Possible rewrite: Detroit School District Considers Policy Change to Minimize Classroom Disruptions

Officials in the Detroit school district are proposing a standardization of the transfer process for students and families who want to switch between district schools during the school year. 

According to Nikolai Vitti, the superintendent of the Detroit Public Schools Community District, the new policy guidance seeks to address potential disruptions to classroom learning when students consider leaving a school midway through the academic year, whether due to relocation or dissatisfaction with their current school. 

At a DPSCD school board policy committee meeting on Tuesday, Vitti stated, “What we’re trying to do is create better overall guidelines to encourage families to transfer their students at the beginning of quarters and semesters. This will assist teachers in managing their classrooms and principals and administrators in establishing the right climate and culture.”

He also mentioned, “It doesn’t mean that we wouldn’t allow students to transfer at certain times if they’re new to the neighborhood or if there are unique circumstances within the family.”

The policy committee has agreed to move the policy draft forward to the next school board meeting on Nov. 14 for a first reading by the entire board. All district policies need to be reviewed twice by the board before they can be voted on.

The issue of frequent school transfers has been an ongoing problem in Michigan school districts, where state policy allows families to easily switch schools during the school year. In a 2018 investigation on student mobility, Detroit families reported to Bridge Michigan and Outlier Media that they moved their children to different schools due to academic struggles, school discipline issues, family relocations, and new job opportunities.

According to Vitti, approximately 11% of DPSCD students transfer between district schools in an average school year, while about 30% transfer to different school districts.

In recent months, DPSCD officials have been considering policies regarding administrative transfers, where school officials initiate the transfer. In July, school board members approved an update to the district’s code of conduct, giving school officials more flexibility to transfer students for disciplinary reasons. The following month, the policy committee reviewed a proposal that would allow officials at application schools to request a transfer for a student to a neighborhood school if the student has excessive absences and previous outreach efforts have been unsuccessful.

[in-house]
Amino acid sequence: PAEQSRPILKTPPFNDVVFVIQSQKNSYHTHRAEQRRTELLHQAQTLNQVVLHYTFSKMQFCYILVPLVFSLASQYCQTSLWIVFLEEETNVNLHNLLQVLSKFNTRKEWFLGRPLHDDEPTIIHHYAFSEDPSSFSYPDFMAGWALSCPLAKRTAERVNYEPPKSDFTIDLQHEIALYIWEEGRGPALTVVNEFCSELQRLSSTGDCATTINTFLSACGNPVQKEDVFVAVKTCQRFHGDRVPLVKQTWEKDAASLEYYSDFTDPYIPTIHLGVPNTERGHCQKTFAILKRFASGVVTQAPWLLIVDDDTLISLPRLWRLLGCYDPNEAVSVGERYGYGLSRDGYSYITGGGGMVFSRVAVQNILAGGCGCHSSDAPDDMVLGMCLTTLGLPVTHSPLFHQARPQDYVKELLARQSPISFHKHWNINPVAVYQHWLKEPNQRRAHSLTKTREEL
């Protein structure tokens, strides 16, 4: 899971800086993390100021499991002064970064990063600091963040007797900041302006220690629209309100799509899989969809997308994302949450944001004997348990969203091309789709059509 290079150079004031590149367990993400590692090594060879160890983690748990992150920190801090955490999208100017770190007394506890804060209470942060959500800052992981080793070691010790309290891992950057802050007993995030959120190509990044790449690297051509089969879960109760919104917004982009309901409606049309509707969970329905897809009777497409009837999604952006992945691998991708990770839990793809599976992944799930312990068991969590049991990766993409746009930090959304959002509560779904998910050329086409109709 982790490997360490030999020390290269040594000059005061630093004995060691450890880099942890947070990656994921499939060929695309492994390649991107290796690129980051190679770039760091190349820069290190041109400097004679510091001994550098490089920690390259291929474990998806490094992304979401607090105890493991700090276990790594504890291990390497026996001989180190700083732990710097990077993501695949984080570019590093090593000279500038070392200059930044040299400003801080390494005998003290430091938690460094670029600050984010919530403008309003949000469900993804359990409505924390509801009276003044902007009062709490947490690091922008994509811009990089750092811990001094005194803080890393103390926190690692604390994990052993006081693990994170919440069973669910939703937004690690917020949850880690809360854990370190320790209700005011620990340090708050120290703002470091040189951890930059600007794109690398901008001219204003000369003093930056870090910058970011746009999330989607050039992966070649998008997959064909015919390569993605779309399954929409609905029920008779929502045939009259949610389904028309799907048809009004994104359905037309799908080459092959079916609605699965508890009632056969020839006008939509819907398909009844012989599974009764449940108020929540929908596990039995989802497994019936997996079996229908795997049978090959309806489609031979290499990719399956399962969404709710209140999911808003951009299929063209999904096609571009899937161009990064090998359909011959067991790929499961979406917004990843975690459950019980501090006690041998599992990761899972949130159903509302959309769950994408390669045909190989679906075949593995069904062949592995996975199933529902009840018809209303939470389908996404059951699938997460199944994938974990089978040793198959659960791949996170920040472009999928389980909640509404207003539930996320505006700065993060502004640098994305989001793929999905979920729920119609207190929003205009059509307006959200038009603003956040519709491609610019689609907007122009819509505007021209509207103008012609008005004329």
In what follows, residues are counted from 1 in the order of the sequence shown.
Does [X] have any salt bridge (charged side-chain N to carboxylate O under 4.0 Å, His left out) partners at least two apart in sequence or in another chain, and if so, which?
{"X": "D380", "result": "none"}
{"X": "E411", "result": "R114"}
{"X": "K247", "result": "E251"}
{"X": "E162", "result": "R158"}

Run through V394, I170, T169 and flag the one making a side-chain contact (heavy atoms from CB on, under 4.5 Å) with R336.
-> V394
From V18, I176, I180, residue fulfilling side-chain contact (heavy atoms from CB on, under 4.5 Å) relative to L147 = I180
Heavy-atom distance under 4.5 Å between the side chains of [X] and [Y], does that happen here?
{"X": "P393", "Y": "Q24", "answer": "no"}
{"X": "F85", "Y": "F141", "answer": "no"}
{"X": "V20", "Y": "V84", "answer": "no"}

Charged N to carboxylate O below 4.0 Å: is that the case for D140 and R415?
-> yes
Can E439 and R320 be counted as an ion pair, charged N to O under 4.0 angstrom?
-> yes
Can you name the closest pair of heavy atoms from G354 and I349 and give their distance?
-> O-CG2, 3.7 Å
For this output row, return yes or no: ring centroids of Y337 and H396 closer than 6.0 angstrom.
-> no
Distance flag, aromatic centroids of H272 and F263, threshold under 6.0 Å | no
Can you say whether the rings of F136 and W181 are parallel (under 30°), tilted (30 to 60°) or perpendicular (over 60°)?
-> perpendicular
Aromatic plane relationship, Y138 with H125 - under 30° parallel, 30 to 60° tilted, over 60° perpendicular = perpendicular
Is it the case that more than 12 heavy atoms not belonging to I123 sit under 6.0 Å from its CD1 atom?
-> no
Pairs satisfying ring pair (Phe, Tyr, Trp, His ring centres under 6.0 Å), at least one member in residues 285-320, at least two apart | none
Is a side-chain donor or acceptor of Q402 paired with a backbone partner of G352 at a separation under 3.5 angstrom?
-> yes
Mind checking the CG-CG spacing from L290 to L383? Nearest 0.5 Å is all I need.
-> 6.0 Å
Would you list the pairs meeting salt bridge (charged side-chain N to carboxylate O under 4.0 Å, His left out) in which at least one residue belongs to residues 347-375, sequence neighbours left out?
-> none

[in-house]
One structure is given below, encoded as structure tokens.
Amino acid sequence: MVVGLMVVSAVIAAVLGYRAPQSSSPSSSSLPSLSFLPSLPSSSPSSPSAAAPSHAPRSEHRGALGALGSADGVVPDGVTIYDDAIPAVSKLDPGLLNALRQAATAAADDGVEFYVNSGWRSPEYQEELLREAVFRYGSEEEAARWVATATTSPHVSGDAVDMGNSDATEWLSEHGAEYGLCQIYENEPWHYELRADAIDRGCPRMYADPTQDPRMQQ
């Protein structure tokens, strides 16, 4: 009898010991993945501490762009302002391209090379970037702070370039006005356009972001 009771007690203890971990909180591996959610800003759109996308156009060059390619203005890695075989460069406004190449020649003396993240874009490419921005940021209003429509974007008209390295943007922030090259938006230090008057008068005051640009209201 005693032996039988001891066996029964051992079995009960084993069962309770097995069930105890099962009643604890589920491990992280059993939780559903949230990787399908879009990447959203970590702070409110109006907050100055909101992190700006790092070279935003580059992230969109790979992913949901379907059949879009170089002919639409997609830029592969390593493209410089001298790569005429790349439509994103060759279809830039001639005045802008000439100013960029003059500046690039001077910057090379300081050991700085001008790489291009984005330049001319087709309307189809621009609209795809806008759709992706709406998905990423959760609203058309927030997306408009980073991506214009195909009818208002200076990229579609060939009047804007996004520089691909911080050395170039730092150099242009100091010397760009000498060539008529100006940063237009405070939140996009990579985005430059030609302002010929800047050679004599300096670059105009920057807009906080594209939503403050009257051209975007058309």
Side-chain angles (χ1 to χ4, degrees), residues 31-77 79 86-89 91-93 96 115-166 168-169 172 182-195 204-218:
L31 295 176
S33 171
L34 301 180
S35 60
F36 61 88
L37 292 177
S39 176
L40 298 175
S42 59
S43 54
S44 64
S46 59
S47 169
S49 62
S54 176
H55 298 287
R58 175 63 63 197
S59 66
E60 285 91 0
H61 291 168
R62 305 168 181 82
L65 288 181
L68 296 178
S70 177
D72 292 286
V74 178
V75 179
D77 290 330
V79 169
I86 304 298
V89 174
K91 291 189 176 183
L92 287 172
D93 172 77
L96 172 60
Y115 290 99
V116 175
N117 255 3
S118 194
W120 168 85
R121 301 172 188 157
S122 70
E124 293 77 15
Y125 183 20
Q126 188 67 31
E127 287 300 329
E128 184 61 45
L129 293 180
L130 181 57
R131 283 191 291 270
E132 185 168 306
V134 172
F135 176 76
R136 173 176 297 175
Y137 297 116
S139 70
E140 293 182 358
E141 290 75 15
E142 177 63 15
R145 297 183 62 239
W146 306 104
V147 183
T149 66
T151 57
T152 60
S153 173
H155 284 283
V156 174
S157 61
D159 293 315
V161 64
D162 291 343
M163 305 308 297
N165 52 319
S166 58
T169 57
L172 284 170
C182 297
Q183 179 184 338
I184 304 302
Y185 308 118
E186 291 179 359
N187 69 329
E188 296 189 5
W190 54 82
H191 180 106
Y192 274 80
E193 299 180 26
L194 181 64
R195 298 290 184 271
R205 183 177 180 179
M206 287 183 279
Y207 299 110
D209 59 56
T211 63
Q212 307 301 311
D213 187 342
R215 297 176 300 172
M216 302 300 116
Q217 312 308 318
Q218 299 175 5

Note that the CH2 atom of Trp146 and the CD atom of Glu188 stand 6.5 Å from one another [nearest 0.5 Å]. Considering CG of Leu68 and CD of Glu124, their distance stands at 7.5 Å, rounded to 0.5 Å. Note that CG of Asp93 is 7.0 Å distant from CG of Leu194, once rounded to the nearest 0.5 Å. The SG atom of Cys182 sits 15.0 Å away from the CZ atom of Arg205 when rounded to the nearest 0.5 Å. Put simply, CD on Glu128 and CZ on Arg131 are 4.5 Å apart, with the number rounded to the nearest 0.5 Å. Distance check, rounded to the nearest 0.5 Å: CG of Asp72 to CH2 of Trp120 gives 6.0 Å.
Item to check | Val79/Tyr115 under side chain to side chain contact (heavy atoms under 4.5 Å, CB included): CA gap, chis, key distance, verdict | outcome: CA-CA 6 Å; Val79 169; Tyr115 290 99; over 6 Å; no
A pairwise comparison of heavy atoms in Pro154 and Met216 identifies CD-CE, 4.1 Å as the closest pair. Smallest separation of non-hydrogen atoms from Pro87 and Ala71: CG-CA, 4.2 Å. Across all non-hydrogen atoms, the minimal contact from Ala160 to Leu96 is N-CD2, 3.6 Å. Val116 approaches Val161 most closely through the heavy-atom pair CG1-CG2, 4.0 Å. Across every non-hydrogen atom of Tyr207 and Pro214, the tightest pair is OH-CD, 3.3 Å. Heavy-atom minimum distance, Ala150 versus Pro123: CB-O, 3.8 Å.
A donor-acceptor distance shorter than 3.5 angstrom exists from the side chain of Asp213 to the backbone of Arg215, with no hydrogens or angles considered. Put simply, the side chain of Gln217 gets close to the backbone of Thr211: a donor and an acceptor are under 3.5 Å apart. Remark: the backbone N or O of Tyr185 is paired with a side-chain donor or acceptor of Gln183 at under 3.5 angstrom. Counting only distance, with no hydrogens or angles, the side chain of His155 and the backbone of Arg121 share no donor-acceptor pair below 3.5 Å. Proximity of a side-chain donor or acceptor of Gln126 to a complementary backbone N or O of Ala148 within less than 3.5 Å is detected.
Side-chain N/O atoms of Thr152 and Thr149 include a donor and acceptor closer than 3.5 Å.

However, the policy introduced at the Tuesday meeting is not intended to be punitive. Its purpose is to enhance communication with families about when and how to proceed with a transfer. If approved, DPSCD officials would inform families of the preferred transfer window through letters and phone calls. The policy does not specify how much advance notice a student or their family should give to school officials regarding a transfer.

The policy would not interfere with transfers to application or exam schools. Students wishing to transfer to such schools typically need to do so within a specific application window.

The proposed language was recommended by board members prior to the policy meeting on Tuesday. Board members Misha Stallworth West and Iris Taylor both revealed receiving complaints from parents about unclear communication concerning student transfers.

The transfer policy would align with the district’s existing policies on school enrollment, transportation, and administrative transfers. According to these policies, transfers to a requested school can be denied based on enrollment capacity or program restrictions. Families are responsible for arranging transportation for their students to and from a new school if they are not eligible for a school bus ride.

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